Dr. Fauci says it will take 'months to a year or more' to know whether lingering COVID-19 symptoms in young people could be chronic illnesses

FILE - In this April 7, 2020, file photo, Dr. Anthony Fauci, director of the National Institute of Allergy and Infectious Diseases, speaks about the coronavirus in Washington. With New York City at the epicenter of the coronavirus outbreak in the U.S. and its native-born among those offering crucial information to the nation in televised briefings, the New York accent has stepped up to the mic. Fauci's science-based way of explaining the crisis at White House briefings has attracted untold numbers of fans, and New York Gov. Andrew Cuomo's news conferences have become must-see TV. (AP Photo/Alex Brandon, File)
Dr. Anthony Fauci speaks about the coronavirus in Washington on April 7.

Associated Press

  • In an interview with Mark Zuckerberg on Thursday, Dr. Anthony Fauci highlighted the range of coronavirus symptoms among young people.

  • Some young coronavirus patients "can be knocked on their back and brought to their knees pretty quickly," Fauci said.

  • He added that it could take "months to a year or more" to determine whether these patients now have chronic illnesses.

  • Visit Business Insider's homepage for more stories.

Most young people infected with the coronavirus won't become seriously ill, but a growing number of them have reported being sick for weeks on end. The nation's top disease expert, Dr. Anthony Fauci, said it may take a while to know whether they have long-term illnesses.

"It's the people who really get knocked out badly, particularly those who require hospitalization, that it's going to take months to a year or more to determine if there are any long-lasting, deleterious consequences of the infection," Fauci said during a conversation with Facebook CEO Mark Zuckerberg on Thursday. "We just don't know that now. We haven't had enough time."

Related video: 6 months of the COVID-19 pandemic in the U.S.

There's recently been a drastic rise in coronavirus infections among young adults in the US. People in their 20s, 30s, and 40s represent roughly half of cases in coronavirus hot spots like Arizona and Texas, while people ages 18 to 34 represent more than a third of cases in Florida and California.

"If you look at what's going on with the new infections, the median age is about a decade and a half younger than it was a few months ago," Fauci said, adding that this could have dangerous effects on transmission.

"My message to young people is consider your responsibility to yourself, but also the societal responsibility," Fauci said. "By allowing yourself to get infected, you are propagating the pandemic."

Fauci said some patients may develop 'postinfection syndromes'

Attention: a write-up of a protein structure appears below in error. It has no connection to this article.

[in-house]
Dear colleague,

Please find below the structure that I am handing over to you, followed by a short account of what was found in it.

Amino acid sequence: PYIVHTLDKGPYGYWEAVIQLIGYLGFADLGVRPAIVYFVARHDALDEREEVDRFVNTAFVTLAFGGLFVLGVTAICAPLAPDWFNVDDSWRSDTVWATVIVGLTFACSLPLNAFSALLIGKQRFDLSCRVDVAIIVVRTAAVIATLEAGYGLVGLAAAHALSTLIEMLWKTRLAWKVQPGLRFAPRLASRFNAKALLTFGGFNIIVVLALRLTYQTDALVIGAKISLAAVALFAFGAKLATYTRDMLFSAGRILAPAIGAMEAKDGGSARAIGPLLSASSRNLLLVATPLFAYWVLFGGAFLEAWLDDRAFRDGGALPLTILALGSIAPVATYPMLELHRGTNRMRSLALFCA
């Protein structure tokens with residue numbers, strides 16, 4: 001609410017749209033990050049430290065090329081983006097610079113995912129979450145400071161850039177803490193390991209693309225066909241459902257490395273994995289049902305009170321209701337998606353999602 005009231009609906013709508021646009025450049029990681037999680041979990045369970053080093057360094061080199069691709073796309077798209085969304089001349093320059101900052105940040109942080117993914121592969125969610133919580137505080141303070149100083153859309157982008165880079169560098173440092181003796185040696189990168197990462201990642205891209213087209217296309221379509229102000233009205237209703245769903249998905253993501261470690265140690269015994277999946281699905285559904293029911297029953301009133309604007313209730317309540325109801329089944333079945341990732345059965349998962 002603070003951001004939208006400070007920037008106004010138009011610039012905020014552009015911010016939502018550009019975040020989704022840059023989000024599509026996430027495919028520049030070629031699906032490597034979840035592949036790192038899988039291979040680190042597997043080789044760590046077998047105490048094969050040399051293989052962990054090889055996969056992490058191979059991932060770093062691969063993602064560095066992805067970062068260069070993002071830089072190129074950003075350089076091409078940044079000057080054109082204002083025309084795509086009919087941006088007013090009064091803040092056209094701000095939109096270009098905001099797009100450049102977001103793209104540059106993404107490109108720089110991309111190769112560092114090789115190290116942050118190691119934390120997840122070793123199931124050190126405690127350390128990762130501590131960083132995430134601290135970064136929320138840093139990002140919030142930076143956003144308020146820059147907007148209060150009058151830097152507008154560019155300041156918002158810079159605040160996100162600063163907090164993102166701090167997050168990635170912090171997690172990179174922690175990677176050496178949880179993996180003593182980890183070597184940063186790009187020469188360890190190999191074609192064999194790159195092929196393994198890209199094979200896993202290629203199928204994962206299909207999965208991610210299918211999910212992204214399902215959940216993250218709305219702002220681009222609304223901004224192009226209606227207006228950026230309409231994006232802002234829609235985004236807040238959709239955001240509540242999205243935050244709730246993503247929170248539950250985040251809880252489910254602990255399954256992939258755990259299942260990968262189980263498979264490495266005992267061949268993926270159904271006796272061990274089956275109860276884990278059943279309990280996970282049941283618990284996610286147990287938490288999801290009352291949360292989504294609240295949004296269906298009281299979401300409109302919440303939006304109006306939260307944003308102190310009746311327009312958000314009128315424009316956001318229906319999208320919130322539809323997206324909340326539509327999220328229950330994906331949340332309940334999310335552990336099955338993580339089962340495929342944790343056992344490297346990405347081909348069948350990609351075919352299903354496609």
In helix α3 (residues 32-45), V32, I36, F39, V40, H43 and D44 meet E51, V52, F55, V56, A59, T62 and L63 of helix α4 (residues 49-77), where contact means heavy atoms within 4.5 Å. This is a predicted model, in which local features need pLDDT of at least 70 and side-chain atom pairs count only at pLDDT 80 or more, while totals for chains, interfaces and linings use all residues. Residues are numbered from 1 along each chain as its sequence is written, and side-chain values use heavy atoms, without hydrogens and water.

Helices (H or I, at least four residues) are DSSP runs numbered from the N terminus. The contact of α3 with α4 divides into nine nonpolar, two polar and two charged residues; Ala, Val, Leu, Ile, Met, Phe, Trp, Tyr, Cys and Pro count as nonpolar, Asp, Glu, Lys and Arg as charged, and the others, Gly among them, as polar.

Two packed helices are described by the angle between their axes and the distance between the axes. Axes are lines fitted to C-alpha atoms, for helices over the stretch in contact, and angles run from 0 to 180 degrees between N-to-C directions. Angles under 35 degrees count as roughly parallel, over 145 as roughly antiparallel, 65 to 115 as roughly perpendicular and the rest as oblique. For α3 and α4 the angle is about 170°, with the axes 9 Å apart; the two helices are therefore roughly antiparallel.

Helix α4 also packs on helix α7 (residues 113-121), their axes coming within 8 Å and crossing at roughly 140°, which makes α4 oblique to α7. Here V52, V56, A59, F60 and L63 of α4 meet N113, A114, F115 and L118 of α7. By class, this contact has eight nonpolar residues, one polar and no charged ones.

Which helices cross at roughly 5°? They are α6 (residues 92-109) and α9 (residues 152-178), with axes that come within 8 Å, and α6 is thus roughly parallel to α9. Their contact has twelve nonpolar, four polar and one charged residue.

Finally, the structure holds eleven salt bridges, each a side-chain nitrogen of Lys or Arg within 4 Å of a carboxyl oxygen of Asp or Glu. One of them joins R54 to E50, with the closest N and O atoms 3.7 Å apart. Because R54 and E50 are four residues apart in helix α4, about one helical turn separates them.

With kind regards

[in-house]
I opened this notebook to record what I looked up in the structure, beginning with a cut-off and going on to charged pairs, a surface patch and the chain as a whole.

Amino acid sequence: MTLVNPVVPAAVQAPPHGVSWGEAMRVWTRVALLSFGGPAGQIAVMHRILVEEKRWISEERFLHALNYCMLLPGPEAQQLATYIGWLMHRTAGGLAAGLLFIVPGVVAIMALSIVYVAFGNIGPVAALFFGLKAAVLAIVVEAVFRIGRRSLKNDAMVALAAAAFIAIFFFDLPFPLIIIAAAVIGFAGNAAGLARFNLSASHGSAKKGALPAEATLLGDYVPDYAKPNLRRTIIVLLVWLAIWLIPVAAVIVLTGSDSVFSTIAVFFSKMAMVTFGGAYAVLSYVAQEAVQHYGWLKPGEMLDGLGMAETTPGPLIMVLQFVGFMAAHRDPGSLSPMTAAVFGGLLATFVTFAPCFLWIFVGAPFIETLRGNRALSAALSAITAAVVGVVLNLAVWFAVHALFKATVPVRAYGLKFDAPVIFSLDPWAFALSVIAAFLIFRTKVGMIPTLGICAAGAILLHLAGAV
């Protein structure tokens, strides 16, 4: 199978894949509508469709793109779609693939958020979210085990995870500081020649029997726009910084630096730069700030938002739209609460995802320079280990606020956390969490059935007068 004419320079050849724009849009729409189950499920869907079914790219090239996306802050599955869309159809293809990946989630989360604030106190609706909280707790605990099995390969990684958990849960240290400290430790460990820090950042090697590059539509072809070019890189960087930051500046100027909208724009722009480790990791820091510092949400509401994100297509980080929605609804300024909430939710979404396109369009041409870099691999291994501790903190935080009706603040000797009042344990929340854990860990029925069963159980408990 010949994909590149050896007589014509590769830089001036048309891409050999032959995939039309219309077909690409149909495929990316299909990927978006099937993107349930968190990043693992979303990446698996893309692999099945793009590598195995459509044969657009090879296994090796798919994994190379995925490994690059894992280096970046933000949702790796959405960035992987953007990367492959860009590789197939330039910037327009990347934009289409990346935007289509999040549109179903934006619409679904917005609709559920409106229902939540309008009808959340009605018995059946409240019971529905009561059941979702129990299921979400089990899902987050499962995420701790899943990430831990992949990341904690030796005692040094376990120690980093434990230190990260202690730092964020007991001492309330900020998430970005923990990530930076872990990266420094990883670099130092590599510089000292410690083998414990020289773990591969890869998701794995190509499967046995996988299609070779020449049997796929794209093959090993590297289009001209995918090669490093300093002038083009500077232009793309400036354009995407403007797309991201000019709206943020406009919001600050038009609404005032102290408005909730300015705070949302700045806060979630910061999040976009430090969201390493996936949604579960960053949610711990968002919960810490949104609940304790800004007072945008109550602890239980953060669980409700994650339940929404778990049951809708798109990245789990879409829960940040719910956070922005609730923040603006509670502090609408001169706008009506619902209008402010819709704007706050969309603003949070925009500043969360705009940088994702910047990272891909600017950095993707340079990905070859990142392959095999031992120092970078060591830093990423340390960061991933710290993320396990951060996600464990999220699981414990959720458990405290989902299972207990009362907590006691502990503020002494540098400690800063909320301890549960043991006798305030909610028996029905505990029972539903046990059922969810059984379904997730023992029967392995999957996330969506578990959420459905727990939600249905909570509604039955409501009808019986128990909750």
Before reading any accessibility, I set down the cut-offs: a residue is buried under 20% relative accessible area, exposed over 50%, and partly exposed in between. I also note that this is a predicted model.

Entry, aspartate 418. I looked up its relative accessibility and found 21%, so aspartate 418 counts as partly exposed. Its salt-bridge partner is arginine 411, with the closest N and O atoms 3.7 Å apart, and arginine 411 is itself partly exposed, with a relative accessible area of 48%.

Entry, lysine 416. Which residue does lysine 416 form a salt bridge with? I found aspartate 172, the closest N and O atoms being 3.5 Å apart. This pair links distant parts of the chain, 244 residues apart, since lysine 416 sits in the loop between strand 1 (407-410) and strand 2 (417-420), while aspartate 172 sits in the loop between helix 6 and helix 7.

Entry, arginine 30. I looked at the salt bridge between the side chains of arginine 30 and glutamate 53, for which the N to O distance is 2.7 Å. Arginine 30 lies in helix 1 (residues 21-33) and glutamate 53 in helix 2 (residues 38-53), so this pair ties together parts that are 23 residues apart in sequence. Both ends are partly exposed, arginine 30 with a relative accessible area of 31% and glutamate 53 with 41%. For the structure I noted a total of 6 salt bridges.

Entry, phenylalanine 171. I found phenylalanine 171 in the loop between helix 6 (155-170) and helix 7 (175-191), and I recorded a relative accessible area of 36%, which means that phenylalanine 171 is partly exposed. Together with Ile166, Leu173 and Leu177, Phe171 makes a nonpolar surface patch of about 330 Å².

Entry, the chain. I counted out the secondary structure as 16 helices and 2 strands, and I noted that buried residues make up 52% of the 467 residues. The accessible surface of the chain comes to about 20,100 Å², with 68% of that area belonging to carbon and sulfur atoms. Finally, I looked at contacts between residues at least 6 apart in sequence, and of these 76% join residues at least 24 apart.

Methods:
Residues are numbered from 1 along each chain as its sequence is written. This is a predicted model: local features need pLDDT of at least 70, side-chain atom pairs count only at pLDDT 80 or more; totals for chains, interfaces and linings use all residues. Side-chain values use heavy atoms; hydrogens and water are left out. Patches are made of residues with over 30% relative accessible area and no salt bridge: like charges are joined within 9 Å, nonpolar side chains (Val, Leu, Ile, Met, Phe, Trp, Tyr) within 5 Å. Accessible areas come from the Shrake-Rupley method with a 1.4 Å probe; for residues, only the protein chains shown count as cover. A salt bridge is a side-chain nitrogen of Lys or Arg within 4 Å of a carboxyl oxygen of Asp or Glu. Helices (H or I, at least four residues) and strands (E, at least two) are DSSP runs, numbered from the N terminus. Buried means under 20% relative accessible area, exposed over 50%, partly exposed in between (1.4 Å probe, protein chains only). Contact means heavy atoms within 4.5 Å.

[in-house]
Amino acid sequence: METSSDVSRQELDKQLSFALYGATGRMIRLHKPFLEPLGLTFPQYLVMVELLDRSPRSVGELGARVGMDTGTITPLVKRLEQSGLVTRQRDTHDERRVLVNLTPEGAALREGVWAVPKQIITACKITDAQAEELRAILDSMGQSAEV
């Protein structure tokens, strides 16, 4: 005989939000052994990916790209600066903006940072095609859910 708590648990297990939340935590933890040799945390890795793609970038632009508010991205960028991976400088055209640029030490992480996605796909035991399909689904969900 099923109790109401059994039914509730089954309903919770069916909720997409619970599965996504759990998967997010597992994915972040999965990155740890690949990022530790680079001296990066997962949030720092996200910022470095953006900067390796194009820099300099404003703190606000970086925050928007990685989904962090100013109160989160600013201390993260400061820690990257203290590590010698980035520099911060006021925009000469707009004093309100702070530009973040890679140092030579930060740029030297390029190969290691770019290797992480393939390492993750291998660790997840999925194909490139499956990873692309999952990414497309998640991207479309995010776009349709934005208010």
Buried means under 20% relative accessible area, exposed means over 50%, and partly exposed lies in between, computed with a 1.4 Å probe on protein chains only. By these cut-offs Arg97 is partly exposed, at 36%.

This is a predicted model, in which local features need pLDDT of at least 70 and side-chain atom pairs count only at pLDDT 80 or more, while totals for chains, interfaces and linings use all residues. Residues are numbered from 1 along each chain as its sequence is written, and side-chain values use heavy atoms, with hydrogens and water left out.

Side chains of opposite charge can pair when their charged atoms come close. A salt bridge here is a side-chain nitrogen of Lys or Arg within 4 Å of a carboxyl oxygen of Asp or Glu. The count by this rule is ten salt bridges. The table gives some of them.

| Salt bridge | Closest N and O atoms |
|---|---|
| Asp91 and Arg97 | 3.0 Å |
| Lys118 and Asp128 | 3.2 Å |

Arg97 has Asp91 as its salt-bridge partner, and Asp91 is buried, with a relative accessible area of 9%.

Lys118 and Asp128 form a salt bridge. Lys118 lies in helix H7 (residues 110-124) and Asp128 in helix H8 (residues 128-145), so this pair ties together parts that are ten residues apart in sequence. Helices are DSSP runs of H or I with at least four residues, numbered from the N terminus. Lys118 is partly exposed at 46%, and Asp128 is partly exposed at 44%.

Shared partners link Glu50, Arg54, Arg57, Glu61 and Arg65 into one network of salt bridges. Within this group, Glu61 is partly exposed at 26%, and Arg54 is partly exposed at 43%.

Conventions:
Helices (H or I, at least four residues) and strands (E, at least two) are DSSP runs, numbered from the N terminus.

As coronavirus cases have risen, doctors have identified a wider range of symptoms among patients in their 20s, 30s, and 40s.

"I've never seen an infection with this broad range of manifestations," Fauci said. Some young people, he added, "can be knocked on their back and brought to their knees pretty quickly."

young person coronavirus
A healthcare worker conducting a coronavirus test.

Gavriil Grigorov/TASS/Getty Images

The number of coronavirus hospitalizations among 18- to 29-year-olds is four times what it was a few months ago: about 38 hospitalizations out of every 100,000 people as of July 4, compared with nine out of every 100,000 people on April 18.

A new study from researchers at the University of California at San Francisco found that one in three young adults ages 18 to 25 were vulnerable to severe COVID-19 cases because of factors like smoking habits or preexisting illnesses. But even young, healthy nonsmokers have reported feeling sick for several months, with lasting symptoms like chest pain and shortness of breath.

Fauci said some patients may have "postinfection syndromes" that resemble chronic fatigue syndrome, which is often characterized by cognitive impairment, muscle pain, and a debilitating lack of energy. In June, doctors in the UK also warned of postviral syndromes among coronavirus patients.

"You have to separate the damage from the disease," Dr. Ramzi Asfour, an infectious-disease doctor in Marin County, California, previously told Business Insider. "The symptoms are probably coming from an immune reaction."

Asfour said he'd seen college-aged patients with mononucleosis who've had severe fatigue for two years, or viral infections that triggered a lifelong autoimmune disease like lupus or rheumatoid arthritis. The coronavirus could have similar effects on patients, he said.

"It's different for different people," he added. "Usually, time heals. But not necessarily always."

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